Locked Gates in Calexico Favored by Public Officials
Calexico Police Chief Gonzalo Gerardo said the department favors the gates the city council has had installed at the entrances to a downtown alley to improve safety and cleanliness, as well as plans to lock those gates. | Corissa Ibarra photo

Calexico Fire and Police Chiefs, Some Merchants Favor Locked Alley Gates

CALEXICO — While Calexico is at least two months from locking new gates installed at the entrances to a downtown alley, some public-safety officials and merchants said once that happens improvements will be noticed.

“We’re not seeing an issue. We’ll be outfitted with a key to get in,” city fire Chief Diego Favila said, adding the locks will not make a difference with access for either fire engines or ambulances.

Nor does he believe the locked gates will negatively affect response times.

“If the city council approves it, it’s our job to work around it. … It won’t impede our mission,” he said.

As part of the city council’s Downtown Action Plan to fuel commerce, eight-foot wrought iron gates were recently erected at the entrances to the alley between First and Second streets from Rockwood to Heffernan avenues. More gates are planned for another nearby alley.

The downtown alleys have been bedroom and bathroom for homeless living close to the shopping district, while the area has also been rife with crime, including vandalism and arson.

The gates remain unlocked as the city crafts a separate ordinance required to restrict access to alley rights of way.

It is hoped the locked gates will act as a deterrent and assist in putting an end to the spate of downtown trash-bin fires that have been occurring for several months, Favila added.

“Pretty much every evening,” he said the fire department has been responding to commercial trash-bin fires.

The blazes have not resulted in any injuries but have caused minor cosmetic damage to the rear of buildings.

Police Chief In Favor

Four suspects have been arrested in connection with the fires, including some alleged repeat offenders, police Chief Gonzalo Gerardo said, though they are quickly released. There is hope the locked gates will be a more effective deterrent, he added.

The gates will be beneficial for the patrolling of downtown, Gerardo said, as officers cruise the open alleys every day. In the case of the gated alley, it will force officers to walk down the alley and get a better look at what’s going on.

“We can see more that way,” the police chief said. “It will help us out.”

More alley lighting is expected as another element of improving downtown safety, Gerardo added.

City police have been in contact with the U.S. Border Patrol El Centro Sector about the gates and Gerardo said police or fire officials will open them for the Border Patrol as needed.

“The gates that the city of Calexico has put in these locations has not negatively impacted the way that we operate in downtown Calexico,” Border Patrol Special Operations Supervisor Miguel A. Garcia stated in a Nov. 25 email.

Merchants Weigh In

Meanwhile, several downtown merchants interviewed stressed the unlocked gates serve no purpose, though almost all agreed once locked the gates should be effective at reducing crime and increasing cleanliness.

“It’s a good idea, but it would be an even better idea if they put some kind of lock on (the gate),”  said Asmar Badawi, owner of Edi’s Fashion at 101 Heffernan Ave. “Right now, there is no lock on the gates. They need to put a lock and give all the merchants access to it. Too many times kids or homeless start a fire in the trash. Especially in the summer.”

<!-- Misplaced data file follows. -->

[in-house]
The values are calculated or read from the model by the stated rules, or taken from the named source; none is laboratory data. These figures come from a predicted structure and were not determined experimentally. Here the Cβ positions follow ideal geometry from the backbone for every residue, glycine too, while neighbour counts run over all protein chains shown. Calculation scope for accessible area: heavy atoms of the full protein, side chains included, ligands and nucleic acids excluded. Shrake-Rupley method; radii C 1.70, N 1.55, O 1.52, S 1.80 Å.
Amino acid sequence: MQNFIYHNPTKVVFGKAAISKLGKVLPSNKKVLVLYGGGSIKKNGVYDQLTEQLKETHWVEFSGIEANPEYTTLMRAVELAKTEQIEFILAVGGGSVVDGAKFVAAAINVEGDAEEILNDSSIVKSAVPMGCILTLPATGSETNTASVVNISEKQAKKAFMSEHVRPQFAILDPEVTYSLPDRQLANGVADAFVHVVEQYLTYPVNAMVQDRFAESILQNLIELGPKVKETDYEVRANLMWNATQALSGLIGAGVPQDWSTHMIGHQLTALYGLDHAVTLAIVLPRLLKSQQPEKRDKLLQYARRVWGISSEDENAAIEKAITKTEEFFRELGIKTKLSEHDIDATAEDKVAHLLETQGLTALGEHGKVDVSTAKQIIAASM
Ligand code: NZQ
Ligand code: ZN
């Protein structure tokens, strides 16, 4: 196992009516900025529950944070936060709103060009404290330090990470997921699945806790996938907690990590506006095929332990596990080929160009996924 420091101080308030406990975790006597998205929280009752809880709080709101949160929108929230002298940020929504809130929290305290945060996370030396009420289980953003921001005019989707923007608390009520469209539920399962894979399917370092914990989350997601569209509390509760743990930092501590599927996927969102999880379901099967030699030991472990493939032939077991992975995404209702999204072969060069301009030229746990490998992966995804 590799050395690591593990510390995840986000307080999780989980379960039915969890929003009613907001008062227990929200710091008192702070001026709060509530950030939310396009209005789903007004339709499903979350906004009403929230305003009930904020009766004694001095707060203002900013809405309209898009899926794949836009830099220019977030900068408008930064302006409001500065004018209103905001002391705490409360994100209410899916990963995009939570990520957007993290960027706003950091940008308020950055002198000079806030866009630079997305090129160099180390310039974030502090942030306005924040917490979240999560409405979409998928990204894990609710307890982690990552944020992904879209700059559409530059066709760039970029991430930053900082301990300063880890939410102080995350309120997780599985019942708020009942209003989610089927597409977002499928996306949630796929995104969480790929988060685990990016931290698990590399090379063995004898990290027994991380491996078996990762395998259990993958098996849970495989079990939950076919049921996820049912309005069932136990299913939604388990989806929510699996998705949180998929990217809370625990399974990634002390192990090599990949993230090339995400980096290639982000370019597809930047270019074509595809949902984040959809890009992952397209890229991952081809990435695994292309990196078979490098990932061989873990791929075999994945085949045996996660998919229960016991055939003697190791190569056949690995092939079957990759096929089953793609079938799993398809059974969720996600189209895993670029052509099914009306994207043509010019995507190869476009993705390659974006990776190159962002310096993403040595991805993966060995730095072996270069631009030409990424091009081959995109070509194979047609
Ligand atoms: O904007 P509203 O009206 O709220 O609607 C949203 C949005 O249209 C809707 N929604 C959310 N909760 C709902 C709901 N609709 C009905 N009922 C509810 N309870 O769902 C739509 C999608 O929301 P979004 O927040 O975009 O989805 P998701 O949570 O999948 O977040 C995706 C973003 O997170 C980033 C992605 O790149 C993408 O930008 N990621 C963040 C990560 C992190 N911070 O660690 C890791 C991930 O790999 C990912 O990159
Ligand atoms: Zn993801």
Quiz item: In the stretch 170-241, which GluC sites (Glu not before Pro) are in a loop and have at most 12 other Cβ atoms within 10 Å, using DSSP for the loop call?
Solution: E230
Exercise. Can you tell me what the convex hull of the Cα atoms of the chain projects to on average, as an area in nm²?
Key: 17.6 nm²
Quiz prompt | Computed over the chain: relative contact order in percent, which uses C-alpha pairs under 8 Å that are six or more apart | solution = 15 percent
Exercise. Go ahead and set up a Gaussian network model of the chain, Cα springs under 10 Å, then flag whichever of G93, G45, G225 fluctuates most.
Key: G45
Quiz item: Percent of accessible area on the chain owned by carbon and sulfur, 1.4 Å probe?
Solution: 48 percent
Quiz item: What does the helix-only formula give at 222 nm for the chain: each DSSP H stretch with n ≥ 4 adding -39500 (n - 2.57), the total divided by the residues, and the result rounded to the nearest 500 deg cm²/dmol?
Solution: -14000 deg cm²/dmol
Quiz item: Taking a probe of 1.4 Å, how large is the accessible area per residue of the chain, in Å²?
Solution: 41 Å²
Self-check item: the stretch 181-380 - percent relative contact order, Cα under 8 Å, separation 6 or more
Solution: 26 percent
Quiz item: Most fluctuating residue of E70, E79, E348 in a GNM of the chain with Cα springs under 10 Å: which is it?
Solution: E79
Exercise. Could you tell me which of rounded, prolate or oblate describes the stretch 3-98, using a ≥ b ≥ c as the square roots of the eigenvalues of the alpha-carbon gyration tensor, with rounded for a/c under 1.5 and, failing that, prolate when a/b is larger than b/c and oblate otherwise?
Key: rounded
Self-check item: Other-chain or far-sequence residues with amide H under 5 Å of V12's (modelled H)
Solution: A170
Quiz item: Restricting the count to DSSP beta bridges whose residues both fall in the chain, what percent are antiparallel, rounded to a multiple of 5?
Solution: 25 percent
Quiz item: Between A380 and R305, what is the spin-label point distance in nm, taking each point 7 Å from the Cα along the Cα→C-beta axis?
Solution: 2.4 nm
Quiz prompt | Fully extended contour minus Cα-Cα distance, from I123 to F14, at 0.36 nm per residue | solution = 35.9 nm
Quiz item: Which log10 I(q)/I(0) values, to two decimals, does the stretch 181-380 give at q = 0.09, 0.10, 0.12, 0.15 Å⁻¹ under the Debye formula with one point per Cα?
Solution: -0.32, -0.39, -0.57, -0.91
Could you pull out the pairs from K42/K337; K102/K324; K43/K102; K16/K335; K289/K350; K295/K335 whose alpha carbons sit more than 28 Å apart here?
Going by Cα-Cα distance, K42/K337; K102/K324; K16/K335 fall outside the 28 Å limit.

Fires occur at least once every other month, Badawi added.

Rodrigo Valenzuela, manager of Kids Club Clothing Store at 244 E. Second St., noted he is optimistic about the gates’ effectiveness but realizes the problems are nowhere near solved.

“I think it’s a step in the right direction that gates went up. Initially, the homeless did not know there were not locks on the gates. It has kept people out to a small degree until they started finding out that there were not locks on the gates,” Valenzuela said.

“Every day they are still behind the store loitering and causing problems for business owners and patrons alike. If the city put a lock on the gate at night, it would help to curb some of the worst crime that takes place after store hours,” Valenzuela added.

Alma Garcia, an associate at Don Roberto Jewelers at 250 E. Second St., said she fears going into the alleys to dump trash due to the loiterers and hopes locked gates will help. Garcia said she tries to dump trash with another associate for safety purposes and that the trash bin area stinks so bad that sometimes they come back into the store smelling like urine.

However, Erica Herrera, manager of Melrose Fashion at 220 E. Second St., said she is not optimistic about the new gates having an effect on crime.

“For me, it hasn’t been any different,” she said. “The homeless jump the fence, and right now by 4:30 (p.m.), we don’t like to go out there because it doesn’t feel safe for employees to go out there. The alleys are still dirty and theft is rampant.”

Herrera added, “What I know, the gates do not have a lock. If they did put locks on the gates, the homeless will jump the gate. We hope the city will find a solution. The filth and the smell are terrible.”

However, police chief Gerardo predicted the gates might gain in  popularity.

“If (the locked gates on the alleys downtown) work, they’ll probably put them in other downtown areas. The problem area is downtown, not other parts of the city,” Gerardo said.

Story written by Richard Montenegro Brown and Jason Barniske.


This story is featured in the Dec 05, 2019 e-Edition.

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